The Public's Health: Zero Tolerance for Preventable Deaths | Public Health Post

Of the approximately 150,000 daily deaths around the world, about a third, or 50,000 or so, are preventable (the rest are age-related, hence non-preventable). In the United States more than 400,000 people die annually due to smoking and more than 300,000 due to poor diet, the leading causes of preventable deaths.
The good news is that the number of preventable causes of death is improving in the US. Preventable deaths from cancer, injuries, stroke, and heart disease decreased by 25, 23, 11, and 4 percent respectively in the first five years of this decade. We also know that we can reduce the number of deaths from preventable causes further. An analysis conducted by the Centers for Disease Control and Prevention (CDC), found that if we were to reduce the number of deaths across all states to the levels found in the best three states we would save 91,891 deaths from diseases of the heart, 84,539 from cancer, 37,016 from unintentional injuries, 28,853 from chronic lower respiratory diseases, and 17,062 from stroke for a total of more than 250,000 deaths annually, or nearly 10% of annual deaths in the US.
Should it not occasion headlines that we can prevent more than a quarter million deaths a year, but choose not to? We recognize why we don’t see such headlines: it would require a tremendous effort to prevent disease, to lessen risk behaviors, and, as we have written frequently in The Public’s Health, to deal with the foundational social, economic, and environmental contexts that shape these risk factors and health. Because it will be hard, slow work, we give ourselves license to keep spending a mere 5% of our health dollars on prevention.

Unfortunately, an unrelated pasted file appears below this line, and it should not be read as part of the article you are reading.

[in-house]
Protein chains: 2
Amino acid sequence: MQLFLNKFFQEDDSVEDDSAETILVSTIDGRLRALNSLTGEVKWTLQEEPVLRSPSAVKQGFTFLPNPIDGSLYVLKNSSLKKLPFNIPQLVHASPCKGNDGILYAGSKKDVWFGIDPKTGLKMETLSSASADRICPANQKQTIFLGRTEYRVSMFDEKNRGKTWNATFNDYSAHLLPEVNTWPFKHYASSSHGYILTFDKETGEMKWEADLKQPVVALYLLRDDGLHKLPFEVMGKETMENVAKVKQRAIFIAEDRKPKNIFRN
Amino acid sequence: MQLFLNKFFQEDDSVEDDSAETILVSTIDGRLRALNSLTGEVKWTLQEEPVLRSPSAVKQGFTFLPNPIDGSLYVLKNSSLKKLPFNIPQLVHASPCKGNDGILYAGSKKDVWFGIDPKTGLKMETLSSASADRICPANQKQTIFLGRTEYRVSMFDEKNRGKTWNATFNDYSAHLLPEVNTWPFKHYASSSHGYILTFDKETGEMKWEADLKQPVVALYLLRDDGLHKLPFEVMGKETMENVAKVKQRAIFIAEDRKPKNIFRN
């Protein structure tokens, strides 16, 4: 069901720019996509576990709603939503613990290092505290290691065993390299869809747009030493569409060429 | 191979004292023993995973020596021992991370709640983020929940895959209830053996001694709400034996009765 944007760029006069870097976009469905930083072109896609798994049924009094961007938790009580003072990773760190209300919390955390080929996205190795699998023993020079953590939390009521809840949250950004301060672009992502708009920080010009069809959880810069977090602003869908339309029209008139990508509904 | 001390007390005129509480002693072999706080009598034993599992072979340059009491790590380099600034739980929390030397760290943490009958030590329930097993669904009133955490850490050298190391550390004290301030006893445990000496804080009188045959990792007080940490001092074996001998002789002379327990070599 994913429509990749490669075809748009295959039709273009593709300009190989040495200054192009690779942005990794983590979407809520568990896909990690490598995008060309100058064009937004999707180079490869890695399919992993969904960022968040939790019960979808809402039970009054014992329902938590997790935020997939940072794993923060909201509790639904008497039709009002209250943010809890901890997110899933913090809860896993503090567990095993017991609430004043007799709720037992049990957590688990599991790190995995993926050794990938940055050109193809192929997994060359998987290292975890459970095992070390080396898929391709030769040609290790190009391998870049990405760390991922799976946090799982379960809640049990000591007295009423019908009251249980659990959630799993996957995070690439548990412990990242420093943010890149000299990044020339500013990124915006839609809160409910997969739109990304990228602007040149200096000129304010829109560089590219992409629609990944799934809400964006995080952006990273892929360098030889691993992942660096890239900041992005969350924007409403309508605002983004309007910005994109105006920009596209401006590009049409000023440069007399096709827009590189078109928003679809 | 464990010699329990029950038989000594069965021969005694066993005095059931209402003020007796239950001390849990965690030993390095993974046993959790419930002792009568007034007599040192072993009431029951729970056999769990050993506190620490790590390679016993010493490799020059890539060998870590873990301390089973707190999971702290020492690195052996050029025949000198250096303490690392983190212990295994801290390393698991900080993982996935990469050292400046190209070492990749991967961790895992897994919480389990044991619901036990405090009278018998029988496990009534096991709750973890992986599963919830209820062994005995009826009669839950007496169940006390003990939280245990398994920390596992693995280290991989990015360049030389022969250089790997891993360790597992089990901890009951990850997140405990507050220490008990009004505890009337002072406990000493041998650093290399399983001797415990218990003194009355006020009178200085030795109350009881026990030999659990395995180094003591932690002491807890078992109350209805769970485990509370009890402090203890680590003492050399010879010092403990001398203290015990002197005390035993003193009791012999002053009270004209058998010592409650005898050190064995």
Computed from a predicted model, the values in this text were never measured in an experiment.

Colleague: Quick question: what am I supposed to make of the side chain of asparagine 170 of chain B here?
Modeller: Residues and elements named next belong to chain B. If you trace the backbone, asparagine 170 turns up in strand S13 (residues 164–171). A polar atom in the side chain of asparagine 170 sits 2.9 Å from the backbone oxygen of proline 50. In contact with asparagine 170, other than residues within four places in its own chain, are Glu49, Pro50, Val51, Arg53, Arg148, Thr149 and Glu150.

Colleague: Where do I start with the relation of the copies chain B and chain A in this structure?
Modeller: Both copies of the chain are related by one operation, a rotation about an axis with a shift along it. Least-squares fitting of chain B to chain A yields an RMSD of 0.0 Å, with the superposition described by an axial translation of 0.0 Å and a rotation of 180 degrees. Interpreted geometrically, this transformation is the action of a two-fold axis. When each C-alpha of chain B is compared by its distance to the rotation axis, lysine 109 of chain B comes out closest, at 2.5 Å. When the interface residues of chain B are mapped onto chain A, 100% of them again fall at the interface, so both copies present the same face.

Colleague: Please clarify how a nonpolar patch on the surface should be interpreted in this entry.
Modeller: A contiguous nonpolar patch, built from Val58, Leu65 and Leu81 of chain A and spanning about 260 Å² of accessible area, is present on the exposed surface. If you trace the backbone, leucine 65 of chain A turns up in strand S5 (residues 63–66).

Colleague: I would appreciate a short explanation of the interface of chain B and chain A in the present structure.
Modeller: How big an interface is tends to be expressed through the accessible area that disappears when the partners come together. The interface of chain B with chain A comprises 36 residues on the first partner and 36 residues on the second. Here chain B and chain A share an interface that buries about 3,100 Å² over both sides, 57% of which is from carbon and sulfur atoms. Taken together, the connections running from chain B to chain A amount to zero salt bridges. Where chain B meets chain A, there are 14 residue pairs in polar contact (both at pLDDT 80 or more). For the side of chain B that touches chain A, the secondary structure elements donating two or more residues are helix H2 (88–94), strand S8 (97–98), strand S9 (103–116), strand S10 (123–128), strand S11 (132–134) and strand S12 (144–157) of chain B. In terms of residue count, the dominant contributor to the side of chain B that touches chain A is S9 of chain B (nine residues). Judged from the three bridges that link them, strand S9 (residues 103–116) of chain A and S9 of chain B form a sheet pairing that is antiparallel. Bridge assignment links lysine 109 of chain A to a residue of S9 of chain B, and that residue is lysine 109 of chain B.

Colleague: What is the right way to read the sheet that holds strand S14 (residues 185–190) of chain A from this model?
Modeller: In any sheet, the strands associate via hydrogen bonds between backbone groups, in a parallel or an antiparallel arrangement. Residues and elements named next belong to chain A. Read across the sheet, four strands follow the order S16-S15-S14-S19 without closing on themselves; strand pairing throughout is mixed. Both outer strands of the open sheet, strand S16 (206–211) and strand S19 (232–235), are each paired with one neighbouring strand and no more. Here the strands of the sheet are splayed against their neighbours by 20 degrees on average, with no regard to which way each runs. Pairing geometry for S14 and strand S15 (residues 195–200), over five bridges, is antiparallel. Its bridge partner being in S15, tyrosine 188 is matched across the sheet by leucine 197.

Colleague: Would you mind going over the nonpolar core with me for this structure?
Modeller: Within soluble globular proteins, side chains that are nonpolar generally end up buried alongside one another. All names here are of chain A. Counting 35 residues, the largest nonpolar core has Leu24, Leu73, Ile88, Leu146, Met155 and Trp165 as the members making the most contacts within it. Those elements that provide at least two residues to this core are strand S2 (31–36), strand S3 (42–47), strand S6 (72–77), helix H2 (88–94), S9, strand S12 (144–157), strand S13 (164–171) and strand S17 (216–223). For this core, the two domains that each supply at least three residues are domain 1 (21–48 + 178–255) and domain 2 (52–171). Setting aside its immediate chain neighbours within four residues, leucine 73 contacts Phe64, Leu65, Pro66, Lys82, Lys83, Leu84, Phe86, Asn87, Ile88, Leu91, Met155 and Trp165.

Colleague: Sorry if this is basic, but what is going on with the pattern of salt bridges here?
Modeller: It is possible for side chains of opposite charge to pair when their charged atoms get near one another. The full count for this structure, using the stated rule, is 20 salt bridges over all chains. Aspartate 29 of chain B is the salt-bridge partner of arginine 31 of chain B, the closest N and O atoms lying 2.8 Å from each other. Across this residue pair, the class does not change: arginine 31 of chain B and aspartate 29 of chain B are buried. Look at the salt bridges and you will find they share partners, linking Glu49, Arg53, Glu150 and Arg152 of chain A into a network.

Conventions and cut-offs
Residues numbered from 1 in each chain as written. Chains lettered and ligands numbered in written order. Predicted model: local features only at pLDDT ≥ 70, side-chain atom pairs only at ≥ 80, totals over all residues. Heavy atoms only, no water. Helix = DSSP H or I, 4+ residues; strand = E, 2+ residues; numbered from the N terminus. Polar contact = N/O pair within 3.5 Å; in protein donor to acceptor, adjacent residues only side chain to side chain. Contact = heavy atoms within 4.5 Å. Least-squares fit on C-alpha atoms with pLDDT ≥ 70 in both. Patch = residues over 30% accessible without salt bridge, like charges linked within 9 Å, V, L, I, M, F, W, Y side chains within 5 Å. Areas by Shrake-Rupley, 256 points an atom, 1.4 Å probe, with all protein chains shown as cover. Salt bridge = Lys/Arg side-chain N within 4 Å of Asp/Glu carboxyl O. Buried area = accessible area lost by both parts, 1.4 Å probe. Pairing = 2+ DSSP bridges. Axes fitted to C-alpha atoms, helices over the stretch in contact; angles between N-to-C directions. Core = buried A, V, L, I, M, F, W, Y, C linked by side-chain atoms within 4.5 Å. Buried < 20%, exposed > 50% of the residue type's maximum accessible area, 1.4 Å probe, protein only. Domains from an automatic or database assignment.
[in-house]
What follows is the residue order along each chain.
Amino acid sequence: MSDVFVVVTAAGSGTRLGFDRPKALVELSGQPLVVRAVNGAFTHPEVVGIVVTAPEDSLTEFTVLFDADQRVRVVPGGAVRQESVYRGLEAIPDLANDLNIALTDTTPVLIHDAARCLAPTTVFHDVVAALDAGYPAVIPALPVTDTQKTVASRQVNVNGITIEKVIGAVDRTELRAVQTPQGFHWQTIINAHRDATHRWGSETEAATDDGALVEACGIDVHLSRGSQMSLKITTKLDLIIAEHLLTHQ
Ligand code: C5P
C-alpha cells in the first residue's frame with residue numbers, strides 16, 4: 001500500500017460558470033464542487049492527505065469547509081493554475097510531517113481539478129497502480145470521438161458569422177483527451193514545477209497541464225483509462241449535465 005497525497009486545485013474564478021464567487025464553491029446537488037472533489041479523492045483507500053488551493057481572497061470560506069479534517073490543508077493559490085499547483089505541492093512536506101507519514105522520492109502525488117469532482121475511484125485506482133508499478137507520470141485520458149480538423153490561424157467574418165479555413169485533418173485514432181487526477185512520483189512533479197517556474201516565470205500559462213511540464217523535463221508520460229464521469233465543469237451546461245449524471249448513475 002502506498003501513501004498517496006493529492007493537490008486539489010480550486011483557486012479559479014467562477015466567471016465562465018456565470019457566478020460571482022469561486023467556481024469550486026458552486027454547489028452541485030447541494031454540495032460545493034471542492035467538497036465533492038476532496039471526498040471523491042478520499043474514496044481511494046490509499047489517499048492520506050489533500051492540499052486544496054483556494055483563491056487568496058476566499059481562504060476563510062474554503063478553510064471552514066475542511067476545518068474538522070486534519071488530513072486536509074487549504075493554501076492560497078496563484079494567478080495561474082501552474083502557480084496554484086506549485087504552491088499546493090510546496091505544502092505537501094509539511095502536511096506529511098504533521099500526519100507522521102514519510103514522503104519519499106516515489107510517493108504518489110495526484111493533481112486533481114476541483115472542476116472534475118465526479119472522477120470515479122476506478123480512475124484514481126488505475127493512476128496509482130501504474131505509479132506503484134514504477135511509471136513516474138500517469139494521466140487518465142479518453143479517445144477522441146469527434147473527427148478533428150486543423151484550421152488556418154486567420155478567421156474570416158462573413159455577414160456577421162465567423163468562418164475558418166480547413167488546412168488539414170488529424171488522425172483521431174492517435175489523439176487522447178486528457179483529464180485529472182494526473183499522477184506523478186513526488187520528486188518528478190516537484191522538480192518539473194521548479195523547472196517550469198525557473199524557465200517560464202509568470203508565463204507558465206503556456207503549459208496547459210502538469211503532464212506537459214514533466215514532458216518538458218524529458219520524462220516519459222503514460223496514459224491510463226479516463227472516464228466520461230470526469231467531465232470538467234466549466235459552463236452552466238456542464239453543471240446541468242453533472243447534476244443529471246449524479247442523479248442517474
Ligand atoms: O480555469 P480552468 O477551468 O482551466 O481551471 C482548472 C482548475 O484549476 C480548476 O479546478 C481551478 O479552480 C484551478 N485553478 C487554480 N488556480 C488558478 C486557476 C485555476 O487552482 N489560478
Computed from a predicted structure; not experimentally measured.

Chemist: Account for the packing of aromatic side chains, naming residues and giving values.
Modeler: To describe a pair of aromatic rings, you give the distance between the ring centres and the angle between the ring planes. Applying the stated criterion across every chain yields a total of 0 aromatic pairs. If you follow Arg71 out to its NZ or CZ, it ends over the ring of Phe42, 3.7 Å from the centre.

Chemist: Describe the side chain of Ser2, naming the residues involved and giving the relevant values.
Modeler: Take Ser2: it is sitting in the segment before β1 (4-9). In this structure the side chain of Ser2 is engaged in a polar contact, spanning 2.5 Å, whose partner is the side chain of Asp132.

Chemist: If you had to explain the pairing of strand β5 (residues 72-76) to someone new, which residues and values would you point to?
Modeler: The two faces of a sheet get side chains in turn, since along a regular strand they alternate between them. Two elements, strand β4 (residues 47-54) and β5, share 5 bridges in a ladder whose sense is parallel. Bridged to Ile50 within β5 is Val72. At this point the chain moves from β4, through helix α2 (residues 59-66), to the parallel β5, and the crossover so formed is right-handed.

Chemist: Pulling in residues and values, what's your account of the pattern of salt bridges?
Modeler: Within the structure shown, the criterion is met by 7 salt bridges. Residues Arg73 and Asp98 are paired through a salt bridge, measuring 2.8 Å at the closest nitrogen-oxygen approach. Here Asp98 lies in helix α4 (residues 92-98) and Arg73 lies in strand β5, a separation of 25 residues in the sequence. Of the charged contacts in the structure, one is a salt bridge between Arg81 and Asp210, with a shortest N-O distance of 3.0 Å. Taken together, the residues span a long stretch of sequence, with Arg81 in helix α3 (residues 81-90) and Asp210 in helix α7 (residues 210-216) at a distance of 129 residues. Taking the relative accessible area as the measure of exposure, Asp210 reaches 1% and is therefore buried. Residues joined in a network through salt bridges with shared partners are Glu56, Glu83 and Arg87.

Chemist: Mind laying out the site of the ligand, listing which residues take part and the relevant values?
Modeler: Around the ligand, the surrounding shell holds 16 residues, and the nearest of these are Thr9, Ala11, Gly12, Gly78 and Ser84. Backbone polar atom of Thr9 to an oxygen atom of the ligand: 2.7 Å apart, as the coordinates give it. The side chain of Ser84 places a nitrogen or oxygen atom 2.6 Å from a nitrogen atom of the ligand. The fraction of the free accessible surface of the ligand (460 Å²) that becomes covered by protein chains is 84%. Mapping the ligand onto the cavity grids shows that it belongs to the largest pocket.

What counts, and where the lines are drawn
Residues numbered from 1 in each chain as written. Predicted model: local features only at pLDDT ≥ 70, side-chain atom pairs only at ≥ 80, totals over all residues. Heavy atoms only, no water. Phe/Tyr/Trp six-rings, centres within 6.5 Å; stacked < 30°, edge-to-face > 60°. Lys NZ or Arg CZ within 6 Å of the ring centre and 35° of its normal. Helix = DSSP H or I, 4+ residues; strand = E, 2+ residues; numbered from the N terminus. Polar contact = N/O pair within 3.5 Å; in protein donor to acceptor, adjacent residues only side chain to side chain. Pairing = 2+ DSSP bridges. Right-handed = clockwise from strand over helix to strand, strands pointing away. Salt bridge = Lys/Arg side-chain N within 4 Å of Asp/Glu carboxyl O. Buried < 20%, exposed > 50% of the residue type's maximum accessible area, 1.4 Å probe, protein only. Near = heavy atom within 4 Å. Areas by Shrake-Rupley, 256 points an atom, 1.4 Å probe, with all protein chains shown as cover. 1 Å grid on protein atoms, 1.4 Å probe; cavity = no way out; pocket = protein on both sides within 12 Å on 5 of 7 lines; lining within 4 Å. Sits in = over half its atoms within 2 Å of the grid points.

But let us entertain a thought exercise. There are four billion airline passengers a year worldwide. What if there were 10,000 deaths annually from air crashes? We would call these preventable—after all, most people who fly do not expect to die. And what if we knew that we could reduce these deaths if all airlines behaved like the three best. And what if we decided not to oblige the less safe airlines to make improvements, but continued to have passengers fly on them? What if we allowed the reduction of these preventable deaths to remain only an aspiration?
We would find this situation intolerable because we have zero tolerance for any deaths from flying, and find each death vexing and unacceptable. It is remarkable that we have figured out how to fly four billion people around the world annually with minimal deaths. It is equally remarkable that we are not focused on determining screening, early intervention, risk factor reduction programs and public health efforts that set the best states apart. It seems to us that we are currently conceding that we are not serious about averting preventable deaths. A zero-tolerance policy toward such deaths might spur us to action.

Michael Stein & Sandro Galea